After meeting with Stantec engineers and city planning staff, City Manager Kevin Dorn requested to use the fill to build a berm on the northwest side of the airport rather than spend time and money transporting it to the south end. It is calculated that the fill amount from Taxiway G would create a berm about 30-ft. high and 2,100 ft. long.
Taxiway G is an eligible project funded by the Airport Improvement Program (AIP); AIP provides grants to public (and sometimes private owners and entities) for planning and development of public use airports included in the National Plan of Integrated Airport Systems. The money comes from the airport and Airway Trust Fund, which is a combination of user fees, fuel taxes, among other sources
Dorn said that the AIP funds are being used for a taxiway reconstruction project, not the 14 CFR Part 150 Noise Compatibility Program, a voluntary program that strategizes ways to reduce noise for those who live close to noise-impacted areas. Therefore, the request from the city would be different in nature, he said.
“This truly is a once in a lifetime opportunity where the requisite amount of material is available at no additional cost immediately adjacent to where the berm would be created,” Dorn wrote to Director of Aviation Gene Richards after speaking with Stantec and city staff in mid-February.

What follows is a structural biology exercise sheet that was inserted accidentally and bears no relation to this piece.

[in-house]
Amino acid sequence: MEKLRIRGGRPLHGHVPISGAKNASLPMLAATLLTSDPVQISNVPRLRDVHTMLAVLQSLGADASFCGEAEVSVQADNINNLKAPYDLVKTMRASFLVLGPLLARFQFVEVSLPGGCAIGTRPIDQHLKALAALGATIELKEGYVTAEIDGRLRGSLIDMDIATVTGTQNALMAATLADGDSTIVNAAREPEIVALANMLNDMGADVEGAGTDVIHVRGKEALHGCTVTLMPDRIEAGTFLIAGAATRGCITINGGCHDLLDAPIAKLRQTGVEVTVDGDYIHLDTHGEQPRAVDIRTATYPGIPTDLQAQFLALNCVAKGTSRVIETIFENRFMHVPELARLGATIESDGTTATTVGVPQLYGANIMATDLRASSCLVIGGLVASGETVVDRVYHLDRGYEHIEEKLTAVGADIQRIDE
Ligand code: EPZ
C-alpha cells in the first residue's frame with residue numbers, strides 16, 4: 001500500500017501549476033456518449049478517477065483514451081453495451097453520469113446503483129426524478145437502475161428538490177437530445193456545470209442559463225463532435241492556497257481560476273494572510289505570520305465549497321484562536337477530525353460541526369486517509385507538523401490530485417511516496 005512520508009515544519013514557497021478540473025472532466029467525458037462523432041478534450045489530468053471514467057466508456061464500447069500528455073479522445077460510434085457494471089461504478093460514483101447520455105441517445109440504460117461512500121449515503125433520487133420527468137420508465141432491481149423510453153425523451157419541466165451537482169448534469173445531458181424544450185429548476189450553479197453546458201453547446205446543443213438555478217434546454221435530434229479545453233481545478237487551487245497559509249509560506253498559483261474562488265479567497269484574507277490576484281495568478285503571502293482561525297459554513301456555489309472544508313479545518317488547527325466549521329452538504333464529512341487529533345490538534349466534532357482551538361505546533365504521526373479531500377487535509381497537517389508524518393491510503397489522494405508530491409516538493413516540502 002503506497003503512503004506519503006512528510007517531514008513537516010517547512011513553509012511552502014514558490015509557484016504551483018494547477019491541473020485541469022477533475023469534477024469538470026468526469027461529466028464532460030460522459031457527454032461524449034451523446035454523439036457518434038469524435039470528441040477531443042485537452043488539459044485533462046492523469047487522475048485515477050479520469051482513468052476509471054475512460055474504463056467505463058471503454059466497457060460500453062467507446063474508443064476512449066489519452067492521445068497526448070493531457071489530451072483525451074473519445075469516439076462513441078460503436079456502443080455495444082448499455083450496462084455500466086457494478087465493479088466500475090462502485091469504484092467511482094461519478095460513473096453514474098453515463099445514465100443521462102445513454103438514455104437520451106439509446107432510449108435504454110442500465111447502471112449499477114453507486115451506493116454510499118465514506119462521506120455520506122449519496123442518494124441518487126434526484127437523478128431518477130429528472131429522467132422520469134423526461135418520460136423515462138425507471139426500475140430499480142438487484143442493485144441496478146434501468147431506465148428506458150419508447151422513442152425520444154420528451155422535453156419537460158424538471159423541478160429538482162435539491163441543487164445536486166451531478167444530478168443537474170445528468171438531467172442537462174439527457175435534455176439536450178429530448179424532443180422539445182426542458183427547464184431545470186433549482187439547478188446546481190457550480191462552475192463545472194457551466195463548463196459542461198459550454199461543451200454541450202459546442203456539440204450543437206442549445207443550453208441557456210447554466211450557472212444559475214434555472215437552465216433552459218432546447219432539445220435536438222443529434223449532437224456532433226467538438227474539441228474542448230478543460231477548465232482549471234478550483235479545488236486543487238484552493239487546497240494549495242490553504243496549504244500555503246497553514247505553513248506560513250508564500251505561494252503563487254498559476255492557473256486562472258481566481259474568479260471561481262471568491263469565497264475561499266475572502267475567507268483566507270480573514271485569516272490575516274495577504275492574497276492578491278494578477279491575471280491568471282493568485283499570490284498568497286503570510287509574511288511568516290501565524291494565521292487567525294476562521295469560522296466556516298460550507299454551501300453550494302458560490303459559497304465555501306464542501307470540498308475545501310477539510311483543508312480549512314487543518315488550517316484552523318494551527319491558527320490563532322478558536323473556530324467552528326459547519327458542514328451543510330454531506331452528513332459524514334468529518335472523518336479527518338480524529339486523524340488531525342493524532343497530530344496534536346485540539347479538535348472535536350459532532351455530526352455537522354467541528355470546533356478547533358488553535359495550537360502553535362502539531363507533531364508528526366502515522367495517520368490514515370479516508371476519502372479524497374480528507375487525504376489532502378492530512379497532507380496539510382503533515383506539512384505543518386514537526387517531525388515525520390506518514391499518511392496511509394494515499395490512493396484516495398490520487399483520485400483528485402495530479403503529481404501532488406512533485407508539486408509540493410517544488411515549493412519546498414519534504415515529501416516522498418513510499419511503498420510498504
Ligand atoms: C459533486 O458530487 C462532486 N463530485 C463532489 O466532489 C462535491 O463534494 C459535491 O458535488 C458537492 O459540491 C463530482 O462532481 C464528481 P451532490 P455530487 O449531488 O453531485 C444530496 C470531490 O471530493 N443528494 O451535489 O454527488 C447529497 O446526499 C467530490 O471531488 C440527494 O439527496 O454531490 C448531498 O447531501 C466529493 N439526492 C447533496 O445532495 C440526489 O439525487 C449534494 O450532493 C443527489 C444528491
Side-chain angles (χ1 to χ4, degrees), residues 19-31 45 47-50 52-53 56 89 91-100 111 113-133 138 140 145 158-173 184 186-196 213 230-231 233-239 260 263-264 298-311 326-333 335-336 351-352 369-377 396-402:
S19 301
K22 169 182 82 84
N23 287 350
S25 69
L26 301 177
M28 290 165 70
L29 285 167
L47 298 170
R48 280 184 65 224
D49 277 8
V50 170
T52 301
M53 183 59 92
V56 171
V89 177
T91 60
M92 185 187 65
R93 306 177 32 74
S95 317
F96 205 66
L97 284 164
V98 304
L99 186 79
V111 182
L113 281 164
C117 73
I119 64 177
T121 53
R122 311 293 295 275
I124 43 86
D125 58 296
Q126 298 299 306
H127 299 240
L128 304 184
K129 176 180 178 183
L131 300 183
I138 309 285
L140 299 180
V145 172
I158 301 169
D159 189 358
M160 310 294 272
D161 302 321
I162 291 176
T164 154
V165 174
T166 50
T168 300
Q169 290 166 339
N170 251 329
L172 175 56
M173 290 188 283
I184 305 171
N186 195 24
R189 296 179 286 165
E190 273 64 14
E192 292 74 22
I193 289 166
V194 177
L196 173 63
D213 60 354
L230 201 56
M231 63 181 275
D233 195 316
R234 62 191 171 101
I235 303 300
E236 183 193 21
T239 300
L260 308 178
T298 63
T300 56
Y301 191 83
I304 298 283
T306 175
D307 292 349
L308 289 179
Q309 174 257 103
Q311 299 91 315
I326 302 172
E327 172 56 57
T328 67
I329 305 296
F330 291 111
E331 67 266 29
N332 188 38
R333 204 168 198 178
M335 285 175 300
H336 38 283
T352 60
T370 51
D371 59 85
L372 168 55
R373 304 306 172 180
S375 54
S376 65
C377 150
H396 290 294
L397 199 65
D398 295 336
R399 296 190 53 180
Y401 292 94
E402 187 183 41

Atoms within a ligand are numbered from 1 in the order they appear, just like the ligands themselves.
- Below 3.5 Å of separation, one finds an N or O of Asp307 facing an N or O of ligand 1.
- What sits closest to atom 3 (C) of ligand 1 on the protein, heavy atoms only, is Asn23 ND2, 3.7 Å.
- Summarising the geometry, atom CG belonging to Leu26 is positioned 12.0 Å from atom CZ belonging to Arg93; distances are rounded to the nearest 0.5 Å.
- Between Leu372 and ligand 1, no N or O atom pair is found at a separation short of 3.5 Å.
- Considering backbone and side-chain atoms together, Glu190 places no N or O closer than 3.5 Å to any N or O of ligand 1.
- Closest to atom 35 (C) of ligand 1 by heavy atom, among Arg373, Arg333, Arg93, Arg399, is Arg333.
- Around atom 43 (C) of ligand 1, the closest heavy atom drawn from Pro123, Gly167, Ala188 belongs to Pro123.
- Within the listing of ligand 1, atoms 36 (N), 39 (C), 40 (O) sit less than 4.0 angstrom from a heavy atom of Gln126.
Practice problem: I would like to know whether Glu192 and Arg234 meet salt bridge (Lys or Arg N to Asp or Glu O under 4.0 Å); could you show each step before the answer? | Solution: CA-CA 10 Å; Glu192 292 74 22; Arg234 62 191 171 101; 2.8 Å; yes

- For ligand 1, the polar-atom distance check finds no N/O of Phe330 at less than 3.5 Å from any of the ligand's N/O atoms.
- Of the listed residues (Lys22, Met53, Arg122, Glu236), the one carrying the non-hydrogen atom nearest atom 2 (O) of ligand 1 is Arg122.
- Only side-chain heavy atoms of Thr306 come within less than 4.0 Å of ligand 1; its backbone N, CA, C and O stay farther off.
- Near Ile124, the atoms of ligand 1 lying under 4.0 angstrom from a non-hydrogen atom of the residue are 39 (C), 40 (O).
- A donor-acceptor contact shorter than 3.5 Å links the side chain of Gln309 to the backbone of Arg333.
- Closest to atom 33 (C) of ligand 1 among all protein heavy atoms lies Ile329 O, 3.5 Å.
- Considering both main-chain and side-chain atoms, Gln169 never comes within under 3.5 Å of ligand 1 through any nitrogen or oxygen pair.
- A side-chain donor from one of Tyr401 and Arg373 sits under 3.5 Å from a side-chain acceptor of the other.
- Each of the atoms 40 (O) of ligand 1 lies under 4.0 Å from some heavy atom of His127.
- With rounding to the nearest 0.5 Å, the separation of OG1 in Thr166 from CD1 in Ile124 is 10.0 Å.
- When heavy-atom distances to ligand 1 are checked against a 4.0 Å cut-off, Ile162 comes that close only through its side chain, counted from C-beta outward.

Dorn sees this as an opportunity to work together in a creative and immediately accomplishable step in the mosaic of noise abatement solutions.
Leinwohl himself mentioned using the fill for the earth berm that will be a separate application: “As far as the berm goes, there is material that would be available from the taxiway project that would be right there.”
All this considered, Richards denied Dorn’s request. If a large berm were built for noise mitigation purposes, it would still need to go through another Part 150 Study.
According to the March 20 Airport Commission minutes, Richards said that the FAA does not consider berms to be effective and will not fund them. The airport does not have the financial capability to fund the work and cannot lose the land capacity and still function as an airport.
The airport’s construction timeline can be found on the www.btv.aero website.
SOURCE: Miranda Jonswold, Correspondent